CPS 2022-2024 Board of Directors 

PRESIDENT (2022-2024)

John Xavier Pereira MD CM CCFP

Dr. John Xavier Pereira is the Immediate Past President of the Pain Society of Alberta and was a Founding Co-Chair of the Alberta Pain Strategy. He is a past Ronald Melzack Fellow of the McGill Pain Center and has spoken on the topic of chronic pain both nationally and internationally, including at the Centers for Disease Control, ANZCA Auckland, Massachusetts General Hospital, and the Mayo Clinic. He represented Western Canada on the committee of physicians who wrote our country’s National Guidelines for the diagnosis and treatment of fibromyalgia. Dr. John Pereira was the physician lead of FibroFOCUS, an interdisciplinary chronic pain program that won a 2016 Patient Experience Award from the Health Quality Council of Alberta. He is a member of the Canadian Pain Task Force's External Advisory Panel and has personally visited more than fifty pain clinics worldwide to learn best practices.

TREASURER (2022-2024)

Nivez Rasic, MD

Dr. Nivez Rasic, MD,is a dually-trained FRCPC pediatric anesthesiologist and pain medicine specialist and a Clinical Associate Professor with the Department of Anesthesiology, Perioperative & Pain Medicine at the University of Calgary. She has the privilege of serving as the Medical Lead of the Vi Riddell Pediatric Pain Program at the Alberta Children’s Hospital (Calgary, Canada), which received the prestigious international ChildKind designation for its excellence in pediatric pain management in 2019.  The Vi Riddell pain program is recognized as a leader in pediatric pain, involving a partnership with clinical care and pediatric pain research, as well as specialized programming such as the intensive pain rehabilitation program (IIPT) for adolescents, which was the first to launch in Canada in 2014.  

Dr. Rasic is a researcher and educator and has the privilege of serving as the Acute Pain Lead on the Alberta Pain Strategy. Her clinical work involves providing anesthesia for children and managing acute, complex and chronic pain in youth.  Dr. Rasic was a 2020-21 US Mayday Pain Fellow.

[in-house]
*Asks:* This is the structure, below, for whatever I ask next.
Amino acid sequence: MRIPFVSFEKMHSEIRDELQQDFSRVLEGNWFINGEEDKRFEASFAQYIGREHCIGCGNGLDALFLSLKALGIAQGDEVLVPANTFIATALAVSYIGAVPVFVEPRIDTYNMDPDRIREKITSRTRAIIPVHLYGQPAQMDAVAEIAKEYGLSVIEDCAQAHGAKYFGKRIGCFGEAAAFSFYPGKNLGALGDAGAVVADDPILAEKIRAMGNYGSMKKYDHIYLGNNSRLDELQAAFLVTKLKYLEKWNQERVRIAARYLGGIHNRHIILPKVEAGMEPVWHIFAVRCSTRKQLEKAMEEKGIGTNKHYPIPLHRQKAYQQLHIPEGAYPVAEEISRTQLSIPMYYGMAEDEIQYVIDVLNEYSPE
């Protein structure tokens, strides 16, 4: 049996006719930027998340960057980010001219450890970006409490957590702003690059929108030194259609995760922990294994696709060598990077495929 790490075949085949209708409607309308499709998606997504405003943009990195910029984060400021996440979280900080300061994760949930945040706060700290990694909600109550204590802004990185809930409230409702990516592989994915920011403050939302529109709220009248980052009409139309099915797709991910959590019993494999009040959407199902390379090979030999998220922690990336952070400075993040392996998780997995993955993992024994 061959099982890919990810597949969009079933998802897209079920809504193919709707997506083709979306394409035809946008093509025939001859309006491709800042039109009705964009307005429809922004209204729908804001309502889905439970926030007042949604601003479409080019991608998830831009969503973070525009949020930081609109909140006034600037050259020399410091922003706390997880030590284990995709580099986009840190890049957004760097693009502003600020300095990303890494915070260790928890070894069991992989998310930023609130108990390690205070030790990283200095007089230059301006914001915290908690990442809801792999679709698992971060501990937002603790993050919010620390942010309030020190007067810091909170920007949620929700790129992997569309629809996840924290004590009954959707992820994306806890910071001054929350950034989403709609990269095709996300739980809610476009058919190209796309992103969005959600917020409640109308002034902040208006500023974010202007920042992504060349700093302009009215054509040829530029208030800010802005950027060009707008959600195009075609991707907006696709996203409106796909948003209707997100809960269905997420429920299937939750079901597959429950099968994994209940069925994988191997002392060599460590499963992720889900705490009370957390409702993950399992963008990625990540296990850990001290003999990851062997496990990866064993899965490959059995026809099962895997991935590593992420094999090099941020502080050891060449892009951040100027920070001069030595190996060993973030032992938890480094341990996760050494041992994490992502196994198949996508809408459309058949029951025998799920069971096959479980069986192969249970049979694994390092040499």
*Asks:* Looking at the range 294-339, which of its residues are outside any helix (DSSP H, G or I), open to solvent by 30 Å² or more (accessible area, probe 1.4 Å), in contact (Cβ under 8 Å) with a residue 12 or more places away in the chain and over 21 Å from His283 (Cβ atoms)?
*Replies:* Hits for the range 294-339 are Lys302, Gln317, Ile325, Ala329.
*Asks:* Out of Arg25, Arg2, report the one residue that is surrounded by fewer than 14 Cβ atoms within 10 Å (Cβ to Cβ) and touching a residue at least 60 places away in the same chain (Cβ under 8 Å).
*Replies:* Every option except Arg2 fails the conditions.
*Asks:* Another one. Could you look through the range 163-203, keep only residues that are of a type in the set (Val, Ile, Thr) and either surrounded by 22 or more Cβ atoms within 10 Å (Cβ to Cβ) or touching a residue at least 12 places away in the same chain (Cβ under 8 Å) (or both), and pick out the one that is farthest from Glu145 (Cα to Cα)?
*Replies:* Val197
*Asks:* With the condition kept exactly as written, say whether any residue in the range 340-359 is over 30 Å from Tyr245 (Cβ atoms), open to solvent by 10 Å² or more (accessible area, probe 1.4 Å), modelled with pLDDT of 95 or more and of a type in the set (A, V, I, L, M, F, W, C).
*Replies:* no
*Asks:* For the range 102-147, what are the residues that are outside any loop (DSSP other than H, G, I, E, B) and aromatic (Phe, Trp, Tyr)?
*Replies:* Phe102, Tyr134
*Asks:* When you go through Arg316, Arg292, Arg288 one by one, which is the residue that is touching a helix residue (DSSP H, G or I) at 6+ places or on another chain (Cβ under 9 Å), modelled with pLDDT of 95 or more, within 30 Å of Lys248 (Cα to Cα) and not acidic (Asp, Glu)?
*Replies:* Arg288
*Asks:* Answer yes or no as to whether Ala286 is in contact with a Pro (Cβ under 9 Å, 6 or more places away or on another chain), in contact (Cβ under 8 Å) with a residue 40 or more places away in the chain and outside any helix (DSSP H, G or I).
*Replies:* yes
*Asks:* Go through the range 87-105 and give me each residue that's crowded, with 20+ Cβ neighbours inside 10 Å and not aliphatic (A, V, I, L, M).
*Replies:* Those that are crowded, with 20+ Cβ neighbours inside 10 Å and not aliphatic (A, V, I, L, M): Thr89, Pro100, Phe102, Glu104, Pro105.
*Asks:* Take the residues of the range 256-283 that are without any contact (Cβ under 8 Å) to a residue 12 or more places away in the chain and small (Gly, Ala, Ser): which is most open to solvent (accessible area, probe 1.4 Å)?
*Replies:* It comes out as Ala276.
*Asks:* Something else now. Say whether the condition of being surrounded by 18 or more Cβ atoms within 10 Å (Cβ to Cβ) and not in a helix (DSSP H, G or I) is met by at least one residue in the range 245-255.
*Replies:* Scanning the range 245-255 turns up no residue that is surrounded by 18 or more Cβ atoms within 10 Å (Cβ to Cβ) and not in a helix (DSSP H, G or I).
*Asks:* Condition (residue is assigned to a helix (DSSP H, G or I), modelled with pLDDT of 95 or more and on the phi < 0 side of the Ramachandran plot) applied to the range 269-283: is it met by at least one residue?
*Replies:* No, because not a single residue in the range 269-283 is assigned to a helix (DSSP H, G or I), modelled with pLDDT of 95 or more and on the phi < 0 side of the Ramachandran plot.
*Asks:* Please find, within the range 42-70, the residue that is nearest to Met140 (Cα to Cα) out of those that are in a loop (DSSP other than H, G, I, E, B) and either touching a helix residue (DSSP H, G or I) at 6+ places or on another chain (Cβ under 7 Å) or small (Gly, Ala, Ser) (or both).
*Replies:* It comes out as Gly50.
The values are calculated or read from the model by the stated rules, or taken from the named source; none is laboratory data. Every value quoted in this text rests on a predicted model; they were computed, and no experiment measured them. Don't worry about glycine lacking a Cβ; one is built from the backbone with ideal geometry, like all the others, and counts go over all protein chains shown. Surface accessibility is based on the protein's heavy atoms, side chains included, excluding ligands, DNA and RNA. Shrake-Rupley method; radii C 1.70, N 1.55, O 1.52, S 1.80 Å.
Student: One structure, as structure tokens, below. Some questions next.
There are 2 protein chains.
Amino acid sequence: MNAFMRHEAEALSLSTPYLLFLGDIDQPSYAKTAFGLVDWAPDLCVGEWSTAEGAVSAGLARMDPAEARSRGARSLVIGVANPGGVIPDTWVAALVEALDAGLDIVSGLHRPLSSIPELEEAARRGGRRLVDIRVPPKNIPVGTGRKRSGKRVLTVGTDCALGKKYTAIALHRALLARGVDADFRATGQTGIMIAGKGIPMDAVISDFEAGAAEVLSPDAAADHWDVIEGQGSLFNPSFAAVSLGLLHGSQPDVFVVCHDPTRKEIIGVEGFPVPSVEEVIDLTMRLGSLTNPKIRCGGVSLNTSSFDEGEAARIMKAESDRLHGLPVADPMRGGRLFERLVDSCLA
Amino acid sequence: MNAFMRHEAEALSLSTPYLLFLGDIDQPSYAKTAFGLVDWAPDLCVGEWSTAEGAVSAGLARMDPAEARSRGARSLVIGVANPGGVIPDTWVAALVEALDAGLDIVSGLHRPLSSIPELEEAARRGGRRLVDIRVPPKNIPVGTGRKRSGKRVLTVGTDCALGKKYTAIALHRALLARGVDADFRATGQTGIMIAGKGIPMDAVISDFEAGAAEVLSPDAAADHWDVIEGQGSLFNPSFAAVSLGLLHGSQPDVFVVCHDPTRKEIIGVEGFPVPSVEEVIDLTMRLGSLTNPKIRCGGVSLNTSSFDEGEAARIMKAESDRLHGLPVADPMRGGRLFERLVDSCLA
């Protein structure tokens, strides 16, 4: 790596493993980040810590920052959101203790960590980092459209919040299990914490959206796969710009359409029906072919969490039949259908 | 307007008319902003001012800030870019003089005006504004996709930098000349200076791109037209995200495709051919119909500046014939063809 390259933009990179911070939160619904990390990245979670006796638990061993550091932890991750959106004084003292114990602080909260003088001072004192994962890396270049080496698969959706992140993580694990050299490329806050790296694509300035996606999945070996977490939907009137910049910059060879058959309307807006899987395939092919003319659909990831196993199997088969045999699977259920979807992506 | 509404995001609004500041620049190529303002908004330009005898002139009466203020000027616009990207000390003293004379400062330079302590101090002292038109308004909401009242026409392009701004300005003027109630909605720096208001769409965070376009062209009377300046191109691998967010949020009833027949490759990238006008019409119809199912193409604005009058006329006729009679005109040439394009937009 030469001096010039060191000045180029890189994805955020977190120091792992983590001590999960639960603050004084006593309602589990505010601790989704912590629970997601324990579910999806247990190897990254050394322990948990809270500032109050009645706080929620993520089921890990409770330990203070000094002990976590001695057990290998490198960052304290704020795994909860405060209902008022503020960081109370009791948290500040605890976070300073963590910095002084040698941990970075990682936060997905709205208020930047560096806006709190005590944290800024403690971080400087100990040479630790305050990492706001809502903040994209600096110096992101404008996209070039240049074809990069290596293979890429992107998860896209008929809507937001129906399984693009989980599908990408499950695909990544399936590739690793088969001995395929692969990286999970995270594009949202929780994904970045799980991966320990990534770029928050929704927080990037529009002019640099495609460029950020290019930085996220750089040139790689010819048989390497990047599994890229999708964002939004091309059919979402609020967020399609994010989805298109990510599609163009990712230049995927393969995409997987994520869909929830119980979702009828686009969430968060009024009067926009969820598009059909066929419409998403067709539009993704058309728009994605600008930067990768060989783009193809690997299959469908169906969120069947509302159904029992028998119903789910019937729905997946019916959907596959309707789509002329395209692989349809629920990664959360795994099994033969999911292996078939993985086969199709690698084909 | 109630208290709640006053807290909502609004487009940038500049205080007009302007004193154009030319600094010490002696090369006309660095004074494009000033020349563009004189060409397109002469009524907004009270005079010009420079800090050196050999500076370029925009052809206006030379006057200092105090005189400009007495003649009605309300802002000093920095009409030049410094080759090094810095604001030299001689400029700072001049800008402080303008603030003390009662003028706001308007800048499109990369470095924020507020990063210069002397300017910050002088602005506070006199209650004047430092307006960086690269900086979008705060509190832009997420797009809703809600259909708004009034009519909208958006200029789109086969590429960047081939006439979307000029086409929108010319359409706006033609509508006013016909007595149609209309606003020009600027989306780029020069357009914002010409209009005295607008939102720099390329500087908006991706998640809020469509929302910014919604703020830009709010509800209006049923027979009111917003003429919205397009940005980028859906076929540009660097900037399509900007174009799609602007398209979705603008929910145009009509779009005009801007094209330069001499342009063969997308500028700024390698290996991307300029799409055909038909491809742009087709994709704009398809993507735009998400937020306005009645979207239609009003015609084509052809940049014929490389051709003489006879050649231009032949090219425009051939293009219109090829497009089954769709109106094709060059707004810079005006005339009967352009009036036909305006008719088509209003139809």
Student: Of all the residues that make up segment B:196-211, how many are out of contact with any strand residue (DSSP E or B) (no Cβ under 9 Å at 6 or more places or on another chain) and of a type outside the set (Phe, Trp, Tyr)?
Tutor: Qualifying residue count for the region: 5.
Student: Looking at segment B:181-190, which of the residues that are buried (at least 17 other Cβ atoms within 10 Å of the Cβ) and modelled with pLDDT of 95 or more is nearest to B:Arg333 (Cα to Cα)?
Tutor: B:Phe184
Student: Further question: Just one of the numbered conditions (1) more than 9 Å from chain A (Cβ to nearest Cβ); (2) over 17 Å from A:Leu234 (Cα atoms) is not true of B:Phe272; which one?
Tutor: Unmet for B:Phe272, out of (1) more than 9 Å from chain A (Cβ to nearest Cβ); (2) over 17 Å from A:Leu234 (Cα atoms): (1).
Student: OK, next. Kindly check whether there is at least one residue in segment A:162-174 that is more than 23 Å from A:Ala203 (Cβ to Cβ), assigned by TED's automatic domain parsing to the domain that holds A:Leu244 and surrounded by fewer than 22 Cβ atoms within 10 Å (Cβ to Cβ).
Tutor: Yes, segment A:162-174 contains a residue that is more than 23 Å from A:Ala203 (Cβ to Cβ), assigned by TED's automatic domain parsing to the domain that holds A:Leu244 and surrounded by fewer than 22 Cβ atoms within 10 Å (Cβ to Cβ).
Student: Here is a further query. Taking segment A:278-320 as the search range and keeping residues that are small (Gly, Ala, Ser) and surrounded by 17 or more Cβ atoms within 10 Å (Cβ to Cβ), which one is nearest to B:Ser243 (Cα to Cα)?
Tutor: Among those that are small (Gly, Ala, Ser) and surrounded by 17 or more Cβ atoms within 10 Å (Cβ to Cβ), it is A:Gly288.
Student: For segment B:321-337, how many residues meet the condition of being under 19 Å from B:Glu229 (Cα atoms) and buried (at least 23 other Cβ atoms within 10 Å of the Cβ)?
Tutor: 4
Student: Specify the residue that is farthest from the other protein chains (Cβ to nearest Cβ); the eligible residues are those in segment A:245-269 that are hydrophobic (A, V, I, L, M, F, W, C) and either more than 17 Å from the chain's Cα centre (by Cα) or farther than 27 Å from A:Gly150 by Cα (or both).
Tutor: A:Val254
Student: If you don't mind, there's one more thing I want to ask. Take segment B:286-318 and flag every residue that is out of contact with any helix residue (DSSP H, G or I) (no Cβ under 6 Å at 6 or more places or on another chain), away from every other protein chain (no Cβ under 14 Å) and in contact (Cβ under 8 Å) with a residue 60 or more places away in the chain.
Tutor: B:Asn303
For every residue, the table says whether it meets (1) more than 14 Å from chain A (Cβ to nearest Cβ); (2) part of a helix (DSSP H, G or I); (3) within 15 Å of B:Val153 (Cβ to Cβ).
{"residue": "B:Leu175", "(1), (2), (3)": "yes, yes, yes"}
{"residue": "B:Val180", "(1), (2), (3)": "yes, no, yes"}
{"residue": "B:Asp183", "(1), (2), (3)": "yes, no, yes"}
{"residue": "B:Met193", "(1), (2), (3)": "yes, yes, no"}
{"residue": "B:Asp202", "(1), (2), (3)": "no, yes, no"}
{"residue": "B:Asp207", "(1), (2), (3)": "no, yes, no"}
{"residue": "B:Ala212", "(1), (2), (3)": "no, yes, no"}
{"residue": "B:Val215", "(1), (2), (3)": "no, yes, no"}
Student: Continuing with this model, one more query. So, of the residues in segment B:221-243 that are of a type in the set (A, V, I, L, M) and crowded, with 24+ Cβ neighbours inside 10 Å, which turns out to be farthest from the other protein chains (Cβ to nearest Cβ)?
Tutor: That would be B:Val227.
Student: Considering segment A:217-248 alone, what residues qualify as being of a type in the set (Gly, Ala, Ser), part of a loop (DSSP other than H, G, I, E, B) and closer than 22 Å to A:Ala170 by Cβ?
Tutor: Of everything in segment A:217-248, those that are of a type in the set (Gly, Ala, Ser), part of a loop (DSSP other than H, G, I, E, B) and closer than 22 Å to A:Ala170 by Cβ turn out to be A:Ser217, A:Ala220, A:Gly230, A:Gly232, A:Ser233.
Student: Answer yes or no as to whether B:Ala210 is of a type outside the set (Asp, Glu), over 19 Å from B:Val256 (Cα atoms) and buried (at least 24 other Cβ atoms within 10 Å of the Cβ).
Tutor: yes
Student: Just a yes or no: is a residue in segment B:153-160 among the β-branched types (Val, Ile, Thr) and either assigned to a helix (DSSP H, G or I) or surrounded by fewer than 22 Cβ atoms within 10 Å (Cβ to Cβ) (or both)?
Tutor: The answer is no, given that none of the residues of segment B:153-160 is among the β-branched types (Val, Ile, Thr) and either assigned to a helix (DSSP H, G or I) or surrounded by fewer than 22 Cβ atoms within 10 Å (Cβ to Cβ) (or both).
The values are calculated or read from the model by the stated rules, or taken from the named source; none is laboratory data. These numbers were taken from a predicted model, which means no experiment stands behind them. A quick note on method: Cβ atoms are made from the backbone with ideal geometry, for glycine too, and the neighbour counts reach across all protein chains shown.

Mike Hildebrand, PhD.

Dr. Mike Hildebrand completed his PhD in cellular neuroscience in Terry Snutch’s lab at UBC. Following this, Dr. Hildebrand pursued an industrial R&D fellowship at Zalicus Pharmaceuticals in Vancouver, where he developed a rodent spinal cord recording assay for Zalicus’ preclinical pain research program. To further expand his expertise in spinal pain processing, Dr. Hildebrand then completed a postdoctoral fellowship in Mike Salter’s lab at Sick Kids Hospital in Toronto. Dr. Hildebrand is now leading a translational pain research program as an Associate Professor at Carleton University, where his team is studying both acute and chronic pain processing using animal and human tissue pain models.


Hance Clarke, MD, PhD, FRCPC

Dr. Hance Clarke is the Director of Pain Services and the Pain Research Unit at the Toronto General Hospital (TGH). He is the Knowledge Translation Chair for the University of Toronto Centre For the Study of Pain and an Associate Professor in the Department of Anesthesiology and Pain Medicine at the University of Toronto. As a clinician-scientist, Dr. Clarke has played a leading role in educating the public about pain control, alternatives to opioids, and the need for further studies on the beneficial and adverse effects of cannabis. He is a champion of evidence-based solutions for the opioid crisis and an advocate for a national pain and addictions strategy. He has authored over 100 peer reviewed publications and has been invited to speak on pain control, cannabis and the opioid crisis to the House of Commons in Ottawa, Canada and elsewhere around the world. He has won numerous awards including the 2016 Early Career Award from the Canadian Pain Society and the 2019 US Mayday Pain and Society Fellowship in recognition of his outstanding research and commitment to improving pain care.

SECRETARY (2020-2023)

G. Allen Finley, MD FRCPC FAAP

Dr. Allen Finley is a pediatric anesthesiologist who has worked for 30 years in pain research and management. He is Professor of Anesthesia, Pain Management, & Perioperative Medicine at Dalhousie University, and is cross-appointed as Professor of Psychology & Neuroscience. He also holds the inaugural Dr. Stewart Wenning Chair in Pediatric Pain Management at the IWK Health Centre in Halifax and is Director of the Centre for Pediatric Pain Research. He has published over 140 papers in peer-reviewed journals (http://tinyurl.com/gaf-cits) and has lectured widely, with more than 300 invited presentations on six continents. He started the PEDIATRIC-PAIN e-mail discussion list in 1993, bringing together pain researchers and clinicians from over 40 countries. His own research and educational projects have taken him to Jordan, Thailand, China, Brazil, and elsewhere, with a primary focus on pain service development and advocacy for improved pain care for children around the world. To facilitate that, he is co-founder and Board Chair of the ChildKind International Initiative.